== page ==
By the mid ’70s, with the availability of condoms and vasectomy for men and the oral pill and Copper-T, a new IUD for women, an uneven balance was achieved in terms of ‘choice’ and options available for men and women. It was uneven because women’s contraceptives were invasive in nature compared to those for men. While condoms were non-invasive in the broadest sense of the term, Copper-T by its constant presence in the uterus led to reproductive morbidity and discomfort in the form of excessive bleeding during periods for many women. Further, it was provider controlled as a woman’s decision to terminate this method needed support from medical practitioners who in the prevailing policy climate could very well refuse.
The pill though invasive in terms of its side effects for some women – manifested by mood swings, depression, nausea and other morbidities – was user controlled in the sense that women could stop using the pill in case they so decided. The contrast in terms of side effects and invasiveness of the contraceptives available for men and women by mid ’70s was very sharp. It was around this time that the first ever Statement of National Population Policy was announced in 1976, and incentives and disincentives became a policy strategy. Coinciding with the now infamous years of the Emergency and forced vasectomies that toppled the government, the 1976 population policy was buried forever. A year later, in 1977, a new policy statement on family welfare emerged.13 The rapid changes and turnarounds in population policy within a short span of one year during this period are reflective of policy as process through the political clout of Indian men.
The change in nomenclature from family planning to family welfare was deliberate. Massive human rights violations during vasectomies had marked the term family planning with a scandalous and negative connotation. After 25 years, family planning became family welfare, but it was like old wine in new bottle. The only difference being that women became the prime targets for India’s population control programme facilitated by the merging of maternal and child health with family welfare. Women who went for post-natal check ups or abortions, were arm-twisted into accepting methods like IUDs, pills or sterilization, depending on the number of children and surviving sons, by health workers, whose career and promotions depended on the number of ‘cases’ they could mobilize for family planning. Thus women’s right to birth control got hijacked by the state’s agenda of population control, now euphemistically called family welfare.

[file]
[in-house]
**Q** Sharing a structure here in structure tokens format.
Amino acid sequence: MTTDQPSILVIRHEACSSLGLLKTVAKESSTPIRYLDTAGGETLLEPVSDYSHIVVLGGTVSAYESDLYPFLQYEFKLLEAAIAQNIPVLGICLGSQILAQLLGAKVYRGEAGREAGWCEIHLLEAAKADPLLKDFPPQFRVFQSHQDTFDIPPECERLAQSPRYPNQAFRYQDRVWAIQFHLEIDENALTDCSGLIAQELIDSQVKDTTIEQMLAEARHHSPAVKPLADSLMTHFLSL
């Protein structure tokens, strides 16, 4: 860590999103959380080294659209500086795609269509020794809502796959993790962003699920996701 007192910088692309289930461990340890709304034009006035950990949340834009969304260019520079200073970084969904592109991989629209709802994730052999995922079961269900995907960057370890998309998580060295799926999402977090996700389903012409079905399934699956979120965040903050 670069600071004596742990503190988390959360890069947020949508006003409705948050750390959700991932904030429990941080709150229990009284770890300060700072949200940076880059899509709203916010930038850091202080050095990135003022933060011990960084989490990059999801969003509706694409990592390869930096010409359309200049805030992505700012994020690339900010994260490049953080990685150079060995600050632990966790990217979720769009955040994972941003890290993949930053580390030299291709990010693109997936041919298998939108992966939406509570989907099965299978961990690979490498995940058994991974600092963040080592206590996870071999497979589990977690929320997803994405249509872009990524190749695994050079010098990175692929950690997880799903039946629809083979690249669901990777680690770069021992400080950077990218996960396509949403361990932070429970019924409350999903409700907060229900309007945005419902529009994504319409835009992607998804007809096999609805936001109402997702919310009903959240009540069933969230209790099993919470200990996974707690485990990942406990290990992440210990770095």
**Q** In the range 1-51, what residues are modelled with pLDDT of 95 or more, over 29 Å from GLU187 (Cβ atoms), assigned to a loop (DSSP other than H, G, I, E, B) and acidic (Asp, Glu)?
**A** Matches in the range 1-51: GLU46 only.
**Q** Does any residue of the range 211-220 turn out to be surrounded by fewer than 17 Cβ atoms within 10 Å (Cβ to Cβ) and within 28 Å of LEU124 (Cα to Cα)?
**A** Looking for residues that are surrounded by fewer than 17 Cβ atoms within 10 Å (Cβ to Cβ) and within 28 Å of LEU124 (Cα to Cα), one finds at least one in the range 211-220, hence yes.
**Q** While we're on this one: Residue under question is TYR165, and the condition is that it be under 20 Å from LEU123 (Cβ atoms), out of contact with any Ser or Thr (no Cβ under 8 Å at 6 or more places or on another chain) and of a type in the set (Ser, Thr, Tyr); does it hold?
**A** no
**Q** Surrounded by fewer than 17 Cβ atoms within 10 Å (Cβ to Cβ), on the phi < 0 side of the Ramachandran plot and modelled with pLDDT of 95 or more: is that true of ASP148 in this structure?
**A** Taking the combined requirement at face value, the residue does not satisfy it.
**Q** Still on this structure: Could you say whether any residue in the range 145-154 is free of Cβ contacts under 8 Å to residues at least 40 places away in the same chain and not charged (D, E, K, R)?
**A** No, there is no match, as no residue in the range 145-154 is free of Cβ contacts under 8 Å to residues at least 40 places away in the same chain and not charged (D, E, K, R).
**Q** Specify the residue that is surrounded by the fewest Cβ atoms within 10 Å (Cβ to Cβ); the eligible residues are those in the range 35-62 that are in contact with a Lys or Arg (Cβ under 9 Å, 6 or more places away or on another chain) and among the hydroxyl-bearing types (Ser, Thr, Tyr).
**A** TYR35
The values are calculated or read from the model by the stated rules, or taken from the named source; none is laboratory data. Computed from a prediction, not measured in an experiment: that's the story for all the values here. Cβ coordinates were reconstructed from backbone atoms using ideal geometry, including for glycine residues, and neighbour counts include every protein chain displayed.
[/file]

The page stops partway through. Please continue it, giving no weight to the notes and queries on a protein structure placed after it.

In 1983, the National Health Policy emphasized the need for ‘securing small family through voluntary efforts and moving towards the goal of population stabilization’ (emphasis added). The Parliament voiced the need for a separate national population policy while adopting the health policy. In the absence of a clear-cut population policy, the strategies of incentives and disincentives became the norm accompanied by an aggressive drive to enrol women for sterilizations. In 1991, the National Development Council committee on population brought out its report. But it remained on paper. It was only on the eve of the International Conference on Population and Development, 1994, held in Cairo that the exercise of a draft National Population Policy under the chairmanship of M.S. Swaminathan was conducted. Opposition from women’s organizations to parts of the draft and a concern within government circles about setting up a powerful Population Commission with financial and administrative controls resulted in the document not being formalized (see HealthWatch, 2000).
This brief detour into the chequered history of India’s population policy highlights the following.
* One, the Indian population policy is based on an assumption that state intervention is necessary to influence and control individual behaviour and action to meet socially desirable goals like population stabilization.